**Edit** There was some speculation about which controller was in this SSD. It has since been solved. Here's a shot of the top of the PCB:
Now lets compare that with a shot I caught at FMS 2015 last week:
…from the Phison booth. I hadn't wirtten up my Phison post yet but this new Kingston SSD is most certainly going to be using the Phison E7 controller. Here's the placard stating some high level specs:
We saw a draft copy of Kingston’s HyperX Predator at CES 2014. That demo unit was equipped with a SandForce 3700 series controller, but since SandForce never came through on that part, Kingston had to switch gears and introduce the HyperX Predator with a Marvell 88SS9293 controller. The Marvell part was very capable, and the HyperX Predator turned out to be an attractive and performant PCIe SSD. The one catch was that Marvell’s controller was only an AHCI part, while newer NVMe-based SSDs were quickly pushing the Predator down in our performance results.
Kingston’s solution is a newer generation PCIe SSD, this time equipped with NVMe:
We have very little additional information about this new part, though we can tell from the above image that the flash was provided by Toshiba (toggle mode). They also had Iometer running:
We were not sure of the exact workload being run, but those results are in line with the specs we saw listed on Silicon Motion’s SM2260, seen last week at Flash Memory Summit.
We’ll keep track of the development of this new part and hope to see it in a more disclosed form at CES 2016. Kingston's IDF 2015 press blast appears after the break.
Kingston Technology to Exhibit, Demo at IDF 2015
Fountain Valley, CA & San Francisco, CA – August 18, 2015 – Kingston Technology Company, Inc., the independent world leader in memory products, today announced it will exhibit and demo next-generation DDR4 memory and SSDs at the 2015 Intel Developer Forum (IDF). Kingston® will display a soon-to-be released 64GB memory kit, DDR4 SO-DIMMs and a sneak peek of its forthcoming NVMe M.2 PCIe SSD at booth 953 at Moscone Center West Hall.
Demo products will include Kingston and HyperX®, its high-performance product division. Demos include:
- HyperX Predator DDR4 64GB kit of four running at 3200MHz on an ASUS Z170-Deluxe motherboard using the Intel® Core™ i7 6700K processor (former code name Skylake-S).
- A working prototype of an upcoming NVMe PCIe SSD alongside our current HyperX Predator M.2 PCIe SSD.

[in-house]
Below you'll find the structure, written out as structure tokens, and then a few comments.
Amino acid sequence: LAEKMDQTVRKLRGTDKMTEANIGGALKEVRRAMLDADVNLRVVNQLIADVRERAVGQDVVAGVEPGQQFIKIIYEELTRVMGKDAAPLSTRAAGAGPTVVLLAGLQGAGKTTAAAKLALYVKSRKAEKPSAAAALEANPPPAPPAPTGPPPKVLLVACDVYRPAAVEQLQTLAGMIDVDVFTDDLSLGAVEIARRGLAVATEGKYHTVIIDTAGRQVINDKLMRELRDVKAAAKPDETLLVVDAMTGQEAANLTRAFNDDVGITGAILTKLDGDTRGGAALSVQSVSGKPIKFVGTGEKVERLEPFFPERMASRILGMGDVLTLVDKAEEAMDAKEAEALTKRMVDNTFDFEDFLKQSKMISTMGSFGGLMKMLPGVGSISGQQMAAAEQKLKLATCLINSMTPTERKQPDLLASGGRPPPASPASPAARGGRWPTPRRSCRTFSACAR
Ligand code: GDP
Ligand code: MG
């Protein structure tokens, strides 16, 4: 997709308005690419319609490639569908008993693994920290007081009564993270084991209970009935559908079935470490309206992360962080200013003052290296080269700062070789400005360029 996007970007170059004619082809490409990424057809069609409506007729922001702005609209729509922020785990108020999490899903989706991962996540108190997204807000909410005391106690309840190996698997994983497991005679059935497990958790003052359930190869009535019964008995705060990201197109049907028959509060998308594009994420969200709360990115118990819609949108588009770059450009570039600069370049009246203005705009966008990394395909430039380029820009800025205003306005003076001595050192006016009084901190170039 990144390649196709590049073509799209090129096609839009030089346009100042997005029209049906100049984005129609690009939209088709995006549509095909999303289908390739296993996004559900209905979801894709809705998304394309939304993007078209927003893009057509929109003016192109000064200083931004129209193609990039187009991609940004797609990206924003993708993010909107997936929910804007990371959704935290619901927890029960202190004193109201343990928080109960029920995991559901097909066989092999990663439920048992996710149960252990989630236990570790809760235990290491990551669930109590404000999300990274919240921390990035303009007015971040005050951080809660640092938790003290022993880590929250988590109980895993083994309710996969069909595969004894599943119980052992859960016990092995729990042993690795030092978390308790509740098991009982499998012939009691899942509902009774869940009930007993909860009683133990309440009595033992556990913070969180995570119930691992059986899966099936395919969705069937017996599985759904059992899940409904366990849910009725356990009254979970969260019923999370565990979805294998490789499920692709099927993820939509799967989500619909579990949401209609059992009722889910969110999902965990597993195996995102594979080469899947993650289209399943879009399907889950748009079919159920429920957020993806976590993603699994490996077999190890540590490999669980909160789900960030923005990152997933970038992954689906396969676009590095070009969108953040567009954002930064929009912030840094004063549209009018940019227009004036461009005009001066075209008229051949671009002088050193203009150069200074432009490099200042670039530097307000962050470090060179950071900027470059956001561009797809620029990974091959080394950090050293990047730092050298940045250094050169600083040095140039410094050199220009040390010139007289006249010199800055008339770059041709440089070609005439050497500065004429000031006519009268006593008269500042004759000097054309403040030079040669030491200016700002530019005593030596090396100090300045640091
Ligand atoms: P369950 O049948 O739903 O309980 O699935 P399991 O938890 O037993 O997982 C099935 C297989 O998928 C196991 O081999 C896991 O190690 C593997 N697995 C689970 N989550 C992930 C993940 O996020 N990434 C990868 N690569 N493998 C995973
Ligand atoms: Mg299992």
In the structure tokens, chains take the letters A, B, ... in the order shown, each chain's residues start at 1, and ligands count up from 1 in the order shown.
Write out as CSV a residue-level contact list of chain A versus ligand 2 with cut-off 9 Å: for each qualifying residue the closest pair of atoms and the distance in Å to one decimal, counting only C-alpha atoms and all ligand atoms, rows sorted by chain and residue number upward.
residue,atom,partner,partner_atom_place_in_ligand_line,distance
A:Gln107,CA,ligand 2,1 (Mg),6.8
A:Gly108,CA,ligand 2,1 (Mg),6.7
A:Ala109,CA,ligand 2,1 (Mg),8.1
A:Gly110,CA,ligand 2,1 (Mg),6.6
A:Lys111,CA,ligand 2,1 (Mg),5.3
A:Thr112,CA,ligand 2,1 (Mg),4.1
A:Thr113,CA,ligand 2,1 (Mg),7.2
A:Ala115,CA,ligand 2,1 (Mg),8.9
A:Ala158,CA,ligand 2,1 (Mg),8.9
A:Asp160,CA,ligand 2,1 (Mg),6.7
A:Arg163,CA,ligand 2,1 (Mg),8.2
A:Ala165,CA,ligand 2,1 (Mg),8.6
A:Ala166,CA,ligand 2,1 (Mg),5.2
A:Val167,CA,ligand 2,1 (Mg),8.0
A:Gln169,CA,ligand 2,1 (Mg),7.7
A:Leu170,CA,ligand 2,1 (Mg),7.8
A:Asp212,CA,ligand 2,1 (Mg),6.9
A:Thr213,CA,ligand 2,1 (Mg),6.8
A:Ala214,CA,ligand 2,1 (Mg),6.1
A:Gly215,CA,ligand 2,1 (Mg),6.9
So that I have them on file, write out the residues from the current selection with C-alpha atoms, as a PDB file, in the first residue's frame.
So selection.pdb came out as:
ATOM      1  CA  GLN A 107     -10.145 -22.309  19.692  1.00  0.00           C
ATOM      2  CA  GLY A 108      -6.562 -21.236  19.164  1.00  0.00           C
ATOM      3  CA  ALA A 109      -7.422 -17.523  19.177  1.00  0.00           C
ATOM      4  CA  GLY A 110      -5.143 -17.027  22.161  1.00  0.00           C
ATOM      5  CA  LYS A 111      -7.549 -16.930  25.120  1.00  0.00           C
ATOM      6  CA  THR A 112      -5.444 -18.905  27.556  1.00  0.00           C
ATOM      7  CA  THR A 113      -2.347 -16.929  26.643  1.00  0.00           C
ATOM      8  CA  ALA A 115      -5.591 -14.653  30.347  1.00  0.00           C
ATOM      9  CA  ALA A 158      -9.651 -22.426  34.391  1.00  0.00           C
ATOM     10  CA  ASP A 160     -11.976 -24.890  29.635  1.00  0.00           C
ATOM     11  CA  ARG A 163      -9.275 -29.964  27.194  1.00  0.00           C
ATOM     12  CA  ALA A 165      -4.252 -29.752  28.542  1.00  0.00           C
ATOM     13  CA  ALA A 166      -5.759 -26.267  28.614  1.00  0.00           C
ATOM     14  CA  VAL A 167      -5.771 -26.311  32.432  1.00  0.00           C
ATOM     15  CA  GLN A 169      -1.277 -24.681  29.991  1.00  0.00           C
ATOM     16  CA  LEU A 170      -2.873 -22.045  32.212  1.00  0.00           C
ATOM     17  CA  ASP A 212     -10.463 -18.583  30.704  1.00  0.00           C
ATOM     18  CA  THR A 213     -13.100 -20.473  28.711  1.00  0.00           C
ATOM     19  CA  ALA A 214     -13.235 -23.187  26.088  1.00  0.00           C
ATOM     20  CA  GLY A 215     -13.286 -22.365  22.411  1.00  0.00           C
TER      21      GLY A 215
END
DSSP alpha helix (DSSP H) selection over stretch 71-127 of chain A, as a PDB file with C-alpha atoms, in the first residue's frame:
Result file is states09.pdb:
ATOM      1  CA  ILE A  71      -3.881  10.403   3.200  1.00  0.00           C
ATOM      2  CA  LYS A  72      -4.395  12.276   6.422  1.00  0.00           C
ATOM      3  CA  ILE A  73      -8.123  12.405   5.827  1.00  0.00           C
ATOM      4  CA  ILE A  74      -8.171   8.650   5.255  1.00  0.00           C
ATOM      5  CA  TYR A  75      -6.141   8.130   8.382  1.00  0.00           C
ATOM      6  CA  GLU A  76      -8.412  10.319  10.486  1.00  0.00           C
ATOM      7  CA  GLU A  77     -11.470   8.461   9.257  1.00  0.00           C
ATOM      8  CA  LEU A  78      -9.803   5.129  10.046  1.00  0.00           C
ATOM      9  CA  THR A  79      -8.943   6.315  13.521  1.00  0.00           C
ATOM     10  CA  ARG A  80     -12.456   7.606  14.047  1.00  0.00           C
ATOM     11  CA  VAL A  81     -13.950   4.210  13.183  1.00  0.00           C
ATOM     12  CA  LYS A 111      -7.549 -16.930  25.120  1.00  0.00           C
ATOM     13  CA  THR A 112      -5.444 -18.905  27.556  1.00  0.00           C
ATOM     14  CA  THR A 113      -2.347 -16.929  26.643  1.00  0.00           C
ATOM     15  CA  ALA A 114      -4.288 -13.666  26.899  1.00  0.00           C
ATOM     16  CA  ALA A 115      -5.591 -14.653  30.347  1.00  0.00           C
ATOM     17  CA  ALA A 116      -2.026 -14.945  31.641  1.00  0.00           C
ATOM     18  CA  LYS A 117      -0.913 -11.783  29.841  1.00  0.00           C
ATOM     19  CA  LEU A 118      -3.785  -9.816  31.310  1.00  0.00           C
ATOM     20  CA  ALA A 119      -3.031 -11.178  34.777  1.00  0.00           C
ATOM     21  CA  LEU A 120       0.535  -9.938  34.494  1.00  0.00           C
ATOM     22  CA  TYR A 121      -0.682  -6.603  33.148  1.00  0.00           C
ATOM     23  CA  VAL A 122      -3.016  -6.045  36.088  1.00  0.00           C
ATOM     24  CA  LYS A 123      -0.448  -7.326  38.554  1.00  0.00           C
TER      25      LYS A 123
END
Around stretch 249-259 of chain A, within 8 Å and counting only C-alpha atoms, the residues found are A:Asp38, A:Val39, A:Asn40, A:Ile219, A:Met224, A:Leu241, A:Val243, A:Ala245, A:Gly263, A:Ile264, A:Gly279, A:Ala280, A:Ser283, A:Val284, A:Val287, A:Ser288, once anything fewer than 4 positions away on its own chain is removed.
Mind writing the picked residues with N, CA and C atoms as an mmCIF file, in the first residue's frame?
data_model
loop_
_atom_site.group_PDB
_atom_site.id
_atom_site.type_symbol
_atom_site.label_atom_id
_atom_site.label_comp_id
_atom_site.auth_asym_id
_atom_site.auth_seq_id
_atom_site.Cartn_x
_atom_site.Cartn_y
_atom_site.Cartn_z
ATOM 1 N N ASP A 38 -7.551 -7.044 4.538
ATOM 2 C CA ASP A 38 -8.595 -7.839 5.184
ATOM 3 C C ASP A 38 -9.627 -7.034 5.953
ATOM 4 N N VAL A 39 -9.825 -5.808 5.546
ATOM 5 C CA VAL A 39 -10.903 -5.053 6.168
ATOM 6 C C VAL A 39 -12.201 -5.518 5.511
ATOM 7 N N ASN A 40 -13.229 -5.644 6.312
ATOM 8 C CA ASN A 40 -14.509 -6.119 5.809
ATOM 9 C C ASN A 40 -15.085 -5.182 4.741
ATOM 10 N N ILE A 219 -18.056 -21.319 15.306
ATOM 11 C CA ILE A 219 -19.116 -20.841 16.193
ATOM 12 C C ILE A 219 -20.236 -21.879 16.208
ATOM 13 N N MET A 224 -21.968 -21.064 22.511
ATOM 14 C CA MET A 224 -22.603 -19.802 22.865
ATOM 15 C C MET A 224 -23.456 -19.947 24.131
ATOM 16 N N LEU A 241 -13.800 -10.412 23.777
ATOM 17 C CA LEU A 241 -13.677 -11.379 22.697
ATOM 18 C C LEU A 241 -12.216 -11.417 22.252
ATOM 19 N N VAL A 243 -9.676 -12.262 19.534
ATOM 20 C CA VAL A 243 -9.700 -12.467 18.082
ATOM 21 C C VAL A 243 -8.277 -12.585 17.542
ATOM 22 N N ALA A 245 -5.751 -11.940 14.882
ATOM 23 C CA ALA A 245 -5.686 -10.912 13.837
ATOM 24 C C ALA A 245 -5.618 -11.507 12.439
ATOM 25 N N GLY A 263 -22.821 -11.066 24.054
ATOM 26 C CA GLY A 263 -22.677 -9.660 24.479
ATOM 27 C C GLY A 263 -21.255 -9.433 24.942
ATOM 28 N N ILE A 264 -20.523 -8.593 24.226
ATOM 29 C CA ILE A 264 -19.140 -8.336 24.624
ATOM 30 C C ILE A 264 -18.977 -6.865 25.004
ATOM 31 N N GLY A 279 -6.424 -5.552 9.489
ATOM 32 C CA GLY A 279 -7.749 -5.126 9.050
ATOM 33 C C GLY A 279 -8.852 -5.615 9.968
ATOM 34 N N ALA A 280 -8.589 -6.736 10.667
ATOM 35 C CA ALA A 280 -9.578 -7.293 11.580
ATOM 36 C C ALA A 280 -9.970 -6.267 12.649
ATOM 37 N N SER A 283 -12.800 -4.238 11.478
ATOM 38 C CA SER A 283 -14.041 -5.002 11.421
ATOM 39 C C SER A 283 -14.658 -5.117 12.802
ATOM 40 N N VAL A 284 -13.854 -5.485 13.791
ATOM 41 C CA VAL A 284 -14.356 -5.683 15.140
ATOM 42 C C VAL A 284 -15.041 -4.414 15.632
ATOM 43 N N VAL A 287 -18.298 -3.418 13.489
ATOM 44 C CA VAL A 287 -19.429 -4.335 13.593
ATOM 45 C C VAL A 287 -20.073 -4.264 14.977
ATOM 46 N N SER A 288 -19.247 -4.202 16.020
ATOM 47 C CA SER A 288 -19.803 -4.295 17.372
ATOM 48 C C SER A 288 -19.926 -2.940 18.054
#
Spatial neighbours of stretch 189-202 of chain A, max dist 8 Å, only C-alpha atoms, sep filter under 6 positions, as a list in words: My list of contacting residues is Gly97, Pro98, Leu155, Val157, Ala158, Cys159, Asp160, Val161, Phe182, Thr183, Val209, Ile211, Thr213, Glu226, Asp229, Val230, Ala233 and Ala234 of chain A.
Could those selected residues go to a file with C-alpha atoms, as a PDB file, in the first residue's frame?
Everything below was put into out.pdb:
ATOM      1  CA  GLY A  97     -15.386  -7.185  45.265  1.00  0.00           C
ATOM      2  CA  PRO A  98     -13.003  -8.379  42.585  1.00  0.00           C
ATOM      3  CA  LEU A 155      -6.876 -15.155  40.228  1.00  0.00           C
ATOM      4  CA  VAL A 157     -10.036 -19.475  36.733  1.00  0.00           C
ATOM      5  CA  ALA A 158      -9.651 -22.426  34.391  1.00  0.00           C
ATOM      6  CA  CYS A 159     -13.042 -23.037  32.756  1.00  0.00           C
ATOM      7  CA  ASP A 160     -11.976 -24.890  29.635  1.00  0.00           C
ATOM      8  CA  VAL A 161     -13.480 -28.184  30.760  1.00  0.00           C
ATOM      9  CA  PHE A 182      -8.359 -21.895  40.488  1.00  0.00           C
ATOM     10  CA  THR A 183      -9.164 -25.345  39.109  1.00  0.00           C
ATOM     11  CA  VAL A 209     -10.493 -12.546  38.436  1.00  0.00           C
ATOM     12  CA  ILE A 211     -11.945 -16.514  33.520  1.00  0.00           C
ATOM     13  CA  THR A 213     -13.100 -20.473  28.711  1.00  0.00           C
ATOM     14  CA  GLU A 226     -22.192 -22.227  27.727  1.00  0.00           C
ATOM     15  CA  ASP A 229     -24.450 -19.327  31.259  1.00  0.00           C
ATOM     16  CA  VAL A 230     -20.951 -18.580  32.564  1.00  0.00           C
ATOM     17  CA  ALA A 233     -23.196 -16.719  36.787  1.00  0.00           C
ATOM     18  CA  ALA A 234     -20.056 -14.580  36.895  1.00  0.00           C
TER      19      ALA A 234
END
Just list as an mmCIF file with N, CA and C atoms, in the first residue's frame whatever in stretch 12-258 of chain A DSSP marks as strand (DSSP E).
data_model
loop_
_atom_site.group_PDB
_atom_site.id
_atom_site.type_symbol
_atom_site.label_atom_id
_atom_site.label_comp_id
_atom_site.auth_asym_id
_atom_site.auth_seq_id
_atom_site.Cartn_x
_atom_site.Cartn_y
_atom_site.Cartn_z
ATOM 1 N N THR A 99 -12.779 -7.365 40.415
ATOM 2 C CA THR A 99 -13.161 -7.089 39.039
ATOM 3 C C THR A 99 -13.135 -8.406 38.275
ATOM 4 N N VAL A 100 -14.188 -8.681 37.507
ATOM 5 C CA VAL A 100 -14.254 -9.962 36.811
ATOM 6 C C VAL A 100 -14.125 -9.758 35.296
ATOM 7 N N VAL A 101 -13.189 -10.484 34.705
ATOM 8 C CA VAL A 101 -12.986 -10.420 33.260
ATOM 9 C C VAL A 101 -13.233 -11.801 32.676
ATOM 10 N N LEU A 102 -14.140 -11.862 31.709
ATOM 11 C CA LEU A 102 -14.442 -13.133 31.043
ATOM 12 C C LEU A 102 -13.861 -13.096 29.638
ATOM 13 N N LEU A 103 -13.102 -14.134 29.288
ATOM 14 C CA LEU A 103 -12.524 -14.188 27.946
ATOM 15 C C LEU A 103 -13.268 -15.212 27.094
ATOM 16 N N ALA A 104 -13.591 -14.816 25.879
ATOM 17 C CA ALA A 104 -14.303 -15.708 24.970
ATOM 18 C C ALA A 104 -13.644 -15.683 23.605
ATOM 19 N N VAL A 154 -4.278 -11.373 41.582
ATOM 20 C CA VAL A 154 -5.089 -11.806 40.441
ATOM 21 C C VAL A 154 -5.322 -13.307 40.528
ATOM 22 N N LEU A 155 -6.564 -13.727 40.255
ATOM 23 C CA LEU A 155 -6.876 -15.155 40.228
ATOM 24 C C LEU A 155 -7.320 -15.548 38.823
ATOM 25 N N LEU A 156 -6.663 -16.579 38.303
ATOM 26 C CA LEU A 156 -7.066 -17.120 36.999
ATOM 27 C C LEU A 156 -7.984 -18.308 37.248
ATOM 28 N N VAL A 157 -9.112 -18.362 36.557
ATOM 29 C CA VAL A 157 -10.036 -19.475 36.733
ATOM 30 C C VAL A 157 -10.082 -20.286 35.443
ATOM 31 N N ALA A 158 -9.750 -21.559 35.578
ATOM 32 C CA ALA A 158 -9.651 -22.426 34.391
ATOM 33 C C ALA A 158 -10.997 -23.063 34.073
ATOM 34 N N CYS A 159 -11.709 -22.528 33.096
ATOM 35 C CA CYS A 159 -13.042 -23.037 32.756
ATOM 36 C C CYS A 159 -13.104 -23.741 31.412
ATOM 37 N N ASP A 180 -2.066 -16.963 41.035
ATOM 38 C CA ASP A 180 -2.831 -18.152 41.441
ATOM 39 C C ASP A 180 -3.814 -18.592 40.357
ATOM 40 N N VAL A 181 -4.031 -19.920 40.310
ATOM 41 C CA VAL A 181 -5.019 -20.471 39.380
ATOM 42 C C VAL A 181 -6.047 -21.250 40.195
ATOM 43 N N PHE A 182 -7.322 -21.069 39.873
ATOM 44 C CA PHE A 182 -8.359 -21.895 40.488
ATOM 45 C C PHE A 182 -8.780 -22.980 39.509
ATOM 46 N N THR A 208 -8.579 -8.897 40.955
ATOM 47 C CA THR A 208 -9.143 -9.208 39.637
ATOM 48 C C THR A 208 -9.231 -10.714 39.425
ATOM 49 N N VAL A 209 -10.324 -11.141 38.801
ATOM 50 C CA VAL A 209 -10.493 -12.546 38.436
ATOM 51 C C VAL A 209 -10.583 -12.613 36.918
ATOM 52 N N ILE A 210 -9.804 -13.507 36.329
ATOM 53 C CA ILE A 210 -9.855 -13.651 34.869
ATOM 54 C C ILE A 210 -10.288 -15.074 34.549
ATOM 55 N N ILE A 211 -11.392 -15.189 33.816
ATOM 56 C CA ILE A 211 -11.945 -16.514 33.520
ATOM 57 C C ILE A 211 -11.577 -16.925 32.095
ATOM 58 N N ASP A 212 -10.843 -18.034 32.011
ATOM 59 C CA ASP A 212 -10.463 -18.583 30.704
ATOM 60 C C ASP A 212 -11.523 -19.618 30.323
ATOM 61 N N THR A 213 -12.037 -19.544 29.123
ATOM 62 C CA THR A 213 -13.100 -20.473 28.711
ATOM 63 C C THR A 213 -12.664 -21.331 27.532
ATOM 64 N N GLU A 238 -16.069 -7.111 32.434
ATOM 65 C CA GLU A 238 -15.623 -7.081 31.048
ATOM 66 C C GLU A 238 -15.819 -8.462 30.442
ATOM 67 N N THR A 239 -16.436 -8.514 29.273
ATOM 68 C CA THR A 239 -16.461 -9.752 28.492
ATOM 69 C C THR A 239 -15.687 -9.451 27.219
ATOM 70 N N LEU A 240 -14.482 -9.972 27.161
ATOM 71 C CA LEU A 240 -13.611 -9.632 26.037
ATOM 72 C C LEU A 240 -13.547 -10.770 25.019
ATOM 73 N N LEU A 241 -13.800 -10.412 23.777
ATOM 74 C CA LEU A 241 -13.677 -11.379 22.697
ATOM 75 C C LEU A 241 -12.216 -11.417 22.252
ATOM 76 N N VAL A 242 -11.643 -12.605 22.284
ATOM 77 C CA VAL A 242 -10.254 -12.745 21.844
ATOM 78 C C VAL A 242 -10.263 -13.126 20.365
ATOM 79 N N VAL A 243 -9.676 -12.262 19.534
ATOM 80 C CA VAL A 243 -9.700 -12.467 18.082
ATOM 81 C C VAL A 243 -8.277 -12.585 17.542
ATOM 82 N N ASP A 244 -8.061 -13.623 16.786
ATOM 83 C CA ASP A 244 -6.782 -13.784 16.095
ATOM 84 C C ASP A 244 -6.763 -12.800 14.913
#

- HyperX Impact DDR4 SO-DIMMs and a Predator M.2 PCIe SSD on a future Intel Mini PC.
- Intel Compute Stick with Kingston inside: an embedded Kingston 32GB eMMC 5.0(HS400) and 2GB DDR3L 1333MHz.
“We are proud to be back once again at IDF demonstrating both current and soon-to-be released Kingston and HyperX products,” said Mike Mohney, senior technology manager, Kingston. “We have always maintained a strong relationship with Intel and are pleased to pair our top-of-the-line memory products with their offerings featuring the new Intel Core 6th generation processors.”
HyperX is the high-performance product division of Kingston Technology, encompassing high-speed DDR4 and DDR3 memory, SSDs, USB Flash drives, headsets and gaming accessories. Targeted at gamers, overclockers and enthusiasts, HyperX is known throughout the world for quality, performance and innovation. HyperX is committed to eSports as it sponsors over 20 teams globally and is the main sponsor of Intel Extreme Masters. HyperX can be found at many shows includingBrasil Game Show, China Joy, DreamHack, gamescom and PAX.
For more information visit the Kingston and HyperX home pages.
How many IOPS after they have
How many IOPS after they have reviews and then switch out the NAND for some extra slow street corner special modules?
This is likely not to be a
This is likely not to be a budget/value SSD, and should not fall within that same mentality (if it still exists at all after the previous backlash, that is).
They don’t get a free pass
They don’t get a free pass until they have gone at least 2 years without pulling those shenanigans again.
Bad business practices are bad. If you’re willing to pull shady shit for the budget line while other manufacturers are playing by the rules it says something. That sort of sneakiness doesn’t just keep itself to one product category.
I understand what you are
I understand what you are saying, and I also believe it is a shady practice, but there is no 'rule' on this. Router manufacturers switch hardware within a product line all of the time. A given car part (or car as a whole) may contain components from different sources as suppliers fall off / outbid eachother during a production run. If the product still performs as advertised, they are covered, even if we disagree with it.
I think there is a lot of
I think there is a lot of bait and switch type tactics going on, across a lot of markets. I have noticed a lot of products I have researched on amazon seem to have good early reviews, and then later they seem to swap out the product for something more cheaply built. This allows them to sell the product based on this good reviews that no longer apply. It is really annoying since I have had several cases where it seems like there is just no quality product available at all, even if you are willing to pay a premium price.
QFT. A more politically
QFT. A more politically correct way of saying “because they can get away with it”.
Still, this thread means it hurt them anyhow. Maybe they’ll get it if this is met with a cooler reception.
Excellent explanation, Allyn.
Somehow I don’t think IOPs of
Somehow I don’t think IOPs of this speed is going to be my governing decision in either home or SB application. Only enterprise level servers are going to ever need it AFAIK.
I look at that screengrab of
I look at that screengrab of iometer and I can only think of one thing: